3. The School Mathematics Project (SMP) 11-16 textbooks that I shall refer to in this paper are: SMP. (1987). SMP Book Y4. Cambridge: Cambridge University Press; SMP. (1987). SMP Book G7. Cambridge: Cambridge University Press; and SMP (1985). SMP 11-16 Teacher’s guide to Book G1. Cambridge: Cambridge University Press.

4. It is an empirical question as to whether these settings are appropriately incorporated within the esoteric domain of school mathematics or whether they constitute public domain settings on a basis that is equivalent to the petrol setting. Ultimately, the decision would rest on the extent to which the precise nature of the selected settings is rendered arbitrary by the texts in which they appear. On the basis of my analysis of secondary school textbooks, I would suggest that physics settings are appropriately described as public domain in the 11-16 age range, but that they are incorporated into the esoteric domain as what used to be referred to as ‘applied mathematics’ at post 16 school mathematics.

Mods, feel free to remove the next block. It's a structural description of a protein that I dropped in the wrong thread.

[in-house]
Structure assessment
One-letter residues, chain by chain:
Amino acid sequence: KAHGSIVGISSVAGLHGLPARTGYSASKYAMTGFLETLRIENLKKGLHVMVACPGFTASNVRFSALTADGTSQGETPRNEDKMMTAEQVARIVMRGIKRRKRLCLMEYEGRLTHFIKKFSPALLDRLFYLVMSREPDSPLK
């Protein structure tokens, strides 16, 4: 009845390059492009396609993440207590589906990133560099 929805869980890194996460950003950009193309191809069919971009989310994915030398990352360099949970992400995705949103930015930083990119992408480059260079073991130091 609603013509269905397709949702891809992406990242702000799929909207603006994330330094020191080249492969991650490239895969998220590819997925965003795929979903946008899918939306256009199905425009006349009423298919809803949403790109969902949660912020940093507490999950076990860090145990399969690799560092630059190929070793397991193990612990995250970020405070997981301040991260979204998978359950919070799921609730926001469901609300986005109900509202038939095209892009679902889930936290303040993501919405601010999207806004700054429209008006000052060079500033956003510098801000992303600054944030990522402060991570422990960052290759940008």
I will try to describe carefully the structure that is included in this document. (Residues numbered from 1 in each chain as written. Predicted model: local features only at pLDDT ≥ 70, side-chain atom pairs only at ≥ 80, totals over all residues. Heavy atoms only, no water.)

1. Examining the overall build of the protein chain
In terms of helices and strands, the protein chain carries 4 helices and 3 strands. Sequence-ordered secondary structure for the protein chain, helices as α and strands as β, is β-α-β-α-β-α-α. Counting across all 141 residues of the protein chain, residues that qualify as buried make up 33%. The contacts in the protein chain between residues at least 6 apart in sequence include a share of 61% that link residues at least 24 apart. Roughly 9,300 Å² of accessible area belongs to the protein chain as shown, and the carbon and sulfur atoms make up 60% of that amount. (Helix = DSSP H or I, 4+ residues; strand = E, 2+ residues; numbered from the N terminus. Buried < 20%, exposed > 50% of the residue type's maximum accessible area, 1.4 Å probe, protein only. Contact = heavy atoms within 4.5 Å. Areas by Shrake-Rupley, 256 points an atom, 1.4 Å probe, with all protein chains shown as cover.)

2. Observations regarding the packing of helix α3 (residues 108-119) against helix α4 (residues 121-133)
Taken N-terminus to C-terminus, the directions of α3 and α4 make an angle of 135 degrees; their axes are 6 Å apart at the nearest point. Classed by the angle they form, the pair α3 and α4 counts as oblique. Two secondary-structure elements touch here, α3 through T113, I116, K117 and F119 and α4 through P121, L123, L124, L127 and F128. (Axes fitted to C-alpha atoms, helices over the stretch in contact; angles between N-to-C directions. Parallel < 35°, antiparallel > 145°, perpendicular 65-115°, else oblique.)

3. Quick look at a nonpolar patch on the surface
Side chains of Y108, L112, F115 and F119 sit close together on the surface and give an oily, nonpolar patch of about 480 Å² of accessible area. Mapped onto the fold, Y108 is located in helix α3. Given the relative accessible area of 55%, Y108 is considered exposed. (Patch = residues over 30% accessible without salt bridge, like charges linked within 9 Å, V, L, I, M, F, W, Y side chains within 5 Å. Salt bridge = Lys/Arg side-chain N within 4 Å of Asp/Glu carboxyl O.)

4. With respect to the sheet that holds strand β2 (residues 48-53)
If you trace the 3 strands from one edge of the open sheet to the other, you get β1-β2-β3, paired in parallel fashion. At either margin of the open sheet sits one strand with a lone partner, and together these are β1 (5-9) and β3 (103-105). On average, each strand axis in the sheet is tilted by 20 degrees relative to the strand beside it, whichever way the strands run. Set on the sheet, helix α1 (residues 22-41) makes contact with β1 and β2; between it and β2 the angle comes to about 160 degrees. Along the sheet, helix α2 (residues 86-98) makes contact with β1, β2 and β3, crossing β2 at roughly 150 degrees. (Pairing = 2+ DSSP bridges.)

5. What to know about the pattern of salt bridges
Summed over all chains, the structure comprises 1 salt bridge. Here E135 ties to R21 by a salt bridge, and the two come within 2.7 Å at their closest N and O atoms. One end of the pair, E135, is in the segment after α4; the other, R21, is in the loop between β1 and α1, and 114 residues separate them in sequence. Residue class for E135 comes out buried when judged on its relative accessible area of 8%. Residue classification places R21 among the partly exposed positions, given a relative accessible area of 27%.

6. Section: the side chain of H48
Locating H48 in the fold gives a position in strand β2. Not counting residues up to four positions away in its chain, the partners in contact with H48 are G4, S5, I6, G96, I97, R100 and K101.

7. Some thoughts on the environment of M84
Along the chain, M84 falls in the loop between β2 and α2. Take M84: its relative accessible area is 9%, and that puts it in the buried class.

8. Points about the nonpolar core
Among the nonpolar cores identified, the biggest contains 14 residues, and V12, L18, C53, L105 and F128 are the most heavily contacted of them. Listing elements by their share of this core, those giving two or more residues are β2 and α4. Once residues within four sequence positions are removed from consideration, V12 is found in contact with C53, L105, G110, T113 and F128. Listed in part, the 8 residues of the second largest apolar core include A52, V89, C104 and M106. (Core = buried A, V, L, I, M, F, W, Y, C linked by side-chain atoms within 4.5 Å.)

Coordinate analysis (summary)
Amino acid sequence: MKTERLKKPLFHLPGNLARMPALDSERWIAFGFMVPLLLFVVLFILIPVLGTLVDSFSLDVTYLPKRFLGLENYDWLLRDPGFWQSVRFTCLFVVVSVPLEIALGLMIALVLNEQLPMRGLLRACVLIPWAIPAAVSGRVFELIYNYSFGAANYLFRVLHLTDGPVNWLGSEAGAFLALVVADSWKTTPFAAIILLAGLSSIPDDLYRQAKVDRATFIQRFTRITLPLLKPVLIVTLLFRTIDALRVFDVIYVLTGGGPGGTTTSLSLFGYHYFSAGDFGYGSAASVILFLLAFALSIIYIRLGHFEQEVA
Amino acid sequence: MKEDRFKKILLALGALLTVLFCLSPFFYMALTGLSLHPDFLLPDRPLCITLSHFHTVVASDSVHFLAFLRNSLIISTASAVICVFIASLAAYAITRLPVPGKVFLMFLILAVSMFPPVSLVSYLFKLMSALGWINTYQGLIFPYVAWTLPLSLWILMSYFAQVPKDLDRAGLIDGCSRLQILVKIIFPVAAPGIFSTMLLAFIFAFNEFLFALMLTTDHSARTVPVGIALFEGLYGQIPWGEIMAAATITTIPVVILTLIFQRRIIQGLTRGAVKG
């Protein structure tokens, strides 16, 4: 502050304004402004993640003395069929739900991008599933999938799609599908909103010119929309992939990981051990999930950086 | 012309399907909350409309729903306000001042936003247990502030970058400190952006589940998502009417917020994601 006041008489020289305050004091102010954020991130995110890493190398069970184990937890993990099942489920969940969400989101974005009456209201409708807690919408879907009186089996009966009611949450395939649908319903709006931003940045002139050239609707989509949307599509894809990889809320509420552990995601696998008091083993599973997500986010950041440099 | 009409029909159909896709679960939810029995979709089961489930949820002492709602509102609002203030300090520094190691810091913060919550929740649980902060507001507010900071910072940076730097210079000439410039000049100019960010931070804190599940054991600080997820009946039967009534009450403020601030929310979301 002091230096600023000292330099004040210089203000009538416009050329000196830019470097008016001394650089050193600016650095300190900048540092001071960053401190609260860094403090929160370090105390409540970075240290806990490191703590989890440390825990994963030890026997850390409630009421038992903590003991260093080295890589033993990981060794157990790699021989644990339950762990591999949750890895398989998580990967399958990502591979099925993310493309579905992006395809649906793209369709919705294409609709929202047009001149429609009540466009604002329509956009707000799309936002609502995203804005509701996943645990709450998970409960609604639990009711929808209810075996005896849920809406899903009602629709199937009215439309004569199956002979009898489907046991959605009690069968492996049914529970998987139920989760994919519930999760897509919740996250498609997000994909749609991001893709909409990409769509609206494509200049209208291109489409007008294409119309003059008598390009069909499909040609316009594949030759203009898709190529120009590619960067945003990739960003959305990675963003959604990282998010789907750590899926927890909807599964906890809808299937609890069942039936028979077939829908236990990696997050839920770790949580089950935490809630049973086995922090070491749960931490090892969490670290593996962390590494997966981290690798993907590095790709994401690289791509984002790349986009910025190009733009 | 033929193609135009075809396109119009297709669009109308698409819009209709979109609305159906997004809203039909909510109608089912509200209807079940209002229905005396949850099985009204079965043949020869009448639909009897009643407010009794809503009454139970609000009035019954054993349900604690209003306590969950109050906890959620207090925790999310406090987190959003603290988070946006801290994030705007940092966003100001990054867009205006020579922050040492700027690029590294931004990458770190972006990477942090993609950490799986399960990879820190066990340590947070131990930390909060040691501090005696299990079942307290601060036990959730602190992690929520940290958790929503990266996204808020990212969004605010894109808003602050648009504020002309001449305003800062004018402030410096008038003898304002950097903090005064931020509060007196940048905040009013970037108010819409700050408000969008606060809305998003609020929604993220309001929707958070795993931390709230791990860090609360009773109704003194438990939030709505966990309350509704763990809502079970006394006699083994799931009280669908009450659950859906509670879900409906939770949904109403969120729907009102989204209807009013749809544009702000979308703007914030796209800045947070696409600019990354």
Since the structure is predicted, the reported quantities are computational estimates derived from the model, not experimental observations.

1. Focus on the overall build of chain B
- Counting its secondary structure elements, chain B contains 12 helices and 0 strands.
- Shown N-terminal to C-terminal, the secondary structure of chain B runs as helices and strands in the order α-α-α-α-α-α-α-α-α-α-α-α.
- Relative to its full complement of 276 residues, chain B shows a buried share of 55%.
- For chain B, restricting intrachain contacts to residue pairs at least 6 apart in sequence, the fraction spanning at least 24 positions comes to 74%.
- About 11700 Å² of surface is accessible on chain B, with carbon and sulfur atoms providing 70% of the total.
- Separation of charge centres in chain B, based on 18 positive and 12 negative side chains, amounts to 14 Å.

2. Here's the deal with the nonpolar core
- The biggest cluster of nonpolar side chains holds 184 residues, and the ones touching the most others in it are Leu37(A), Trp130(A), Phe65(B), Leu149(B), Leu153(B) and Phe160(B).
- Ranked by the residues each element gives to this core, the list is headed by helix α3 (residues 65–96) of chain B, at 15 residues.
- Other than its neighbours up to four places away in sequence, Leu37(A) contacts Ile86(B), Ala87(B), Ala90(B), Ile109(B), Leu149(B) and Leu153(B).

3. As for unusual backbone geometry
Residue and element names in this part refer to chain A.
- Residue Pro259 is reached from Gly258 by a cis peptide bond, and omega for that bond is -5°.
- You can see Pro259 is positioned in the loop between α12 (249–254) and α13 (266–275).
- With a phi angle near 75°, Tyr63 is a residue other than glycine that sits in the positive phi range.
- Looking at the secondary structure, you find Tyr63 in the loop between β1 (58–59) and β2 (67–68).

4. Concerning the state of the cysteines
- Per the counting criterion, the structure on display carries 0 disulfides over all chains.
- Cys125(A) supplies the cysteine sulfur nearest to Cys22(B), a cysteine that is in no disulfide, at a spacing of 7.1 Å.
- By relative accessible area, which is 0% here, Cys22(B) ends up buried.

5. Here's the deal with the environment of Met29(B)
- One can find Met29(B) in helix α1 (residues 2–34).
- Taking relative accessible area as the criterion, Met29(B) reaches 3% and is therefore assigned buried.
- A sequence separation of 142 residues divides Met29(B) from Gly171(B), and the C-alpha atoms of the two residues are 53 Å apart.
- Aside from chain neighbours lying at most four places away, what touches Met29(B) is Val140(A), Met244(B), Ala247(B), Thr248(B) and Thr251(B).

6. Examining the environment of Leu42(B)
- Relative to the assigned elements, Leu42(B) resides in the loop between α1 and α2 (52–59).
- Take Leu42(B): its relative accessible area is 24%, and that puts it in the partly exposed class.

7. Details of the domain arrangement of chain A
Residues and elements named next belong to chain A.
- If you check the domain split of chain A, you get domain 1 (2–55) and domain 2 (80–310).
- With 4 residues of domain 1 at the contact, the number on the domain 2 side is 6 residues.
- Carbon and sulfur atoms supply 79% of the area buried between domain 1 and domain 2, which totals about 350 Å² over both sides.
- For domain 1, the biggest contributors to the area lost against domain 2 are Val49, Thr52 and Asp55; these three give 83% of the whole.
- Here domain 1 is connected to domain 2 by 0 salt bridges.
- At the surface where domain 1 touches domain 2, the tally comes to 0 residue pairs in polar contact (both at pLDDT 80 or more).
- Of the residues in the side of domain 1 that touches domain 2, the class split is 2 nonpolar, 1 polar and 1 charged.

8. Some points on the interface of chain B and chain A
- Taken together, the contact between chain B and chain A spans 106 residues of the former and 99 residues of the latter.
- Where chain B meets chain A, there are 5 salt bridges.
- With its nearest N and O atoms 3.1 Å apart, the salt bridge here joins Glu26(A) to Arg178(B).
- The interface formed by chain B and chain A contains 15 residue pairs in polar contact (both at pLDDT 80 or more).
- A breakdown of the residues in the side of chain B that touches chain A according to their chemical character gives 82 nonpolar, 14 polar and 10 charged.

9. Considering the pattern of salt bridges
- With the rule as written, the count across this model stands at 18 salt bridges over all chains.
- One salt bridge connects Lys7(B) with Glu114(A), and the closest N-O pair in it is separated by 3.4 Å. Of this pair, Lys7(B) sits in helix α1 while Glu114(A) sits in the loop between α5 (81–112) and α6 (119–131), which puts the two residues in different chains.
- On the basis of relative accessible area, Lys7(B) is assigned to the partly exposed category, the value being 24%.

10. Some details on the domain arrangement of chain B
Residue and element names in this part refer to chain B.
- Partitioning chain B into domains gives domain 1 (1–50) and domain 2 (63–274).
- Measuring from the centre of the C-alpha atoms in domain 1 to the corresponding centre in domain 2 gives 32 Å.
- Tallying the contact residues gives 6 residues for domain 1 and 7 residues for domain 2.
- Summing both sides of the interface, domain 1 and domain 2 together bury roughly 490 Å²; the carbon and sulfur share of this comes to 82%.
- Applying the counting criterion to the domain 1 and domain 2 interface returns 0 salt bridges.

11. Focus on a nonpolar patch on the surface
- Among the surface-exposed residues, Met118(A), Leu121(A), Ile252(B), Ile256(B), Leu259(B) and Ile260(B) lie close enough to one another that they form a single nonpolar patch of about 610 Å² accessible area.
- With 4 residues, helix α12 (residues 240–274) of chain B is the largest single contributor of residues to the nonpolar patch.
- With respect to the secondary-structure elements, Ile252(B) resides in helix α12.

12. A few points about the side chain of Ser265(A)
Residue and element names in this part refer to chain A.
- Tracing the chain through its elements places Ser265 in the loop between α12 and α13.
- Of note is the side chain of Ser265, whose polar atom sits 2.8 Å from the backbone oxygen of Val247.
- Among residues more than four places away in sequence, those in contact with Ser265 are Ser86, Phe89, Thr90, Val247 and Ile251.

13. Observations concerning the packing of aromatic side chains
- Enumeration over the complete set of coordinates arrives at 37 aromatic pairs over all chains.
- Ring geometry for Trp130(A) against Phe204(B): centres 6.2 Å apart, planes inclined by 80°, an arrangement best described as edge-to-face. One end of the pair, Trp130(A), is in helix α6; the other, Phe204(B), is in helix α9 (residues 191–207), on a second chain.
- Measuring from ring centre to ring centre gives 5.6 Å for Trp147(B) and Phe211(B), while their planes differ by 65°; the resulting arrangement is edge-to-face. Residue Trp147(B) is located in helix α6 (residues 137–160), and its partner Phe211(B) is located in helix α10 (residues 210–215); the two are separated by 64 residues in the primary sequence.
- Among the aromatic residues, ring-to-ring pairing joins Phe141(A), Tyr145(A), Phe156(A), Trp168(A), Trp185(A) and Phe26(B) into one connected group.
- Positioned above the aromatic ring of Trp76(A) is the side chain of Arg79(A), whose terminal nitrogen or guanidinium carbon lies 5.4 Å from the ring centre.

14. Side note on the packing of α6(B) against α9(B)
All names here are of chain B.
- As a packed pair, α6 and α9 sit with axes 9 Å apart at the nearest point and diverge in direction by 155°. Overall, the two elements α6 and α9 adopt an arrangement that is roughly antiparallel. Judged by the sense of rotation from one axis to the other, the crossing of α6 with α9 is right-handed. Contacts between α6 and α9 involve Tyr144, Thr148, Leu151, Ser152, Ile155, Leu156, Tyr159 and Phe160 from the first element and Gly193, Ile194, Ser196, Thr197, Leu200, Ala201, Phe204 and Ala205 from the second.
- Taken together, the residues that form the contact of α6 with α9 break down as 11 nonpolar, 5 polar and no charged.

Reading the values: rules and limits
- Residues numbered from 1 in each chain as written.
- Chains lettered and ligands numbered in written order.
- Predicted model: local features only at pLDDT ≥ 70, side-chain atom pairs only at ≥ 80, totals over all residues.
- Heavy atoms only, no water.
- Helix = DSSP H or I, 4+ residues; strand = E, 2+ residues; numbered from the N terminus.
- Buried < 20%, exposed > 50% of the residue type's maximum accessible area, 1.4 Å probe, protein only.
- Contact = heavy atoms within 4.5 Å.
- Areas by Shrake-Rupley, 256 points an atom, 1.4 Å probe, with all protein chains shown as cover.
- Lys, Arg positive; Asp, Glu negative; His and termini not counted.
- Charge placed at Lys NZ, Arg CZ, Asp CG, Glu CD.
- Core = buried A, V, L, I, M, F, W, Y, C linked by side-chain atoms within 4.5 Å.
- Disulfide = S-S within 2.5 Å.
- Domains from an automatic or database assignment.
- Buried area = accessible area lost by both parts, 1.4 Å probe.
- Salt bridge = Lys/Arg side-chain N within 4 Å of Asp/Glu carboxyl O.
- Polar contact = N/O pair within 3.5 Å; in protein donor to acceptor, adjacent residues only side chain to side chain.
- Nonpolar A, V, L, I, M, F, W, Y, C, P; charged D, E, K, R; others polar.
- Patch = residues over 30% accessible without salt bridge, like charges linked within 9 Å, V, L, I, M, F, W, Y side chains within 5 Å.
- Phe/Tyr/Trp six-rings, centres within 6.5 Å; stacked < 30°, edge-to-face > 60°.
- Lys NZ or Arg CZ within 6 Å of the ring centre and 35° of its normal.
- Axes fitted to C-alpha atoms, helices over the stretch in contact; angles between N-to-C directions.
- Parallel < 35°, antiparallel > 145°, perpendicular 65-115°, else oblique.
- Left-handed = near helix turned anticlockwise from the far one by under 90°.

5. It does not, of course, follow that an empirical reader of the text will necessarily come to the same conclusion. Furthermore, a very long tradition of research would seem to suggest that setting-independent and setting-dependent readings are likely to be distributed on a sociocultural basis (for example, see Luria, 1976; Bernstein, 1977; Cooper & Dunne, 1998).

6. It is important to emphasise that I am referring to that which is formally privileged in and by the school. Clearly, in the day-to-day practices of the school there will be many instances of context dependent decision making. Where such decisions enter into formal school practice, however, they are likely to be rationalised or at least rationalisable (DS+) to a greater or lesser extent.

7. The distinction between generalising and specialising is that the latter extends whilst the former delimits the range of the discourse (Dowling, in press).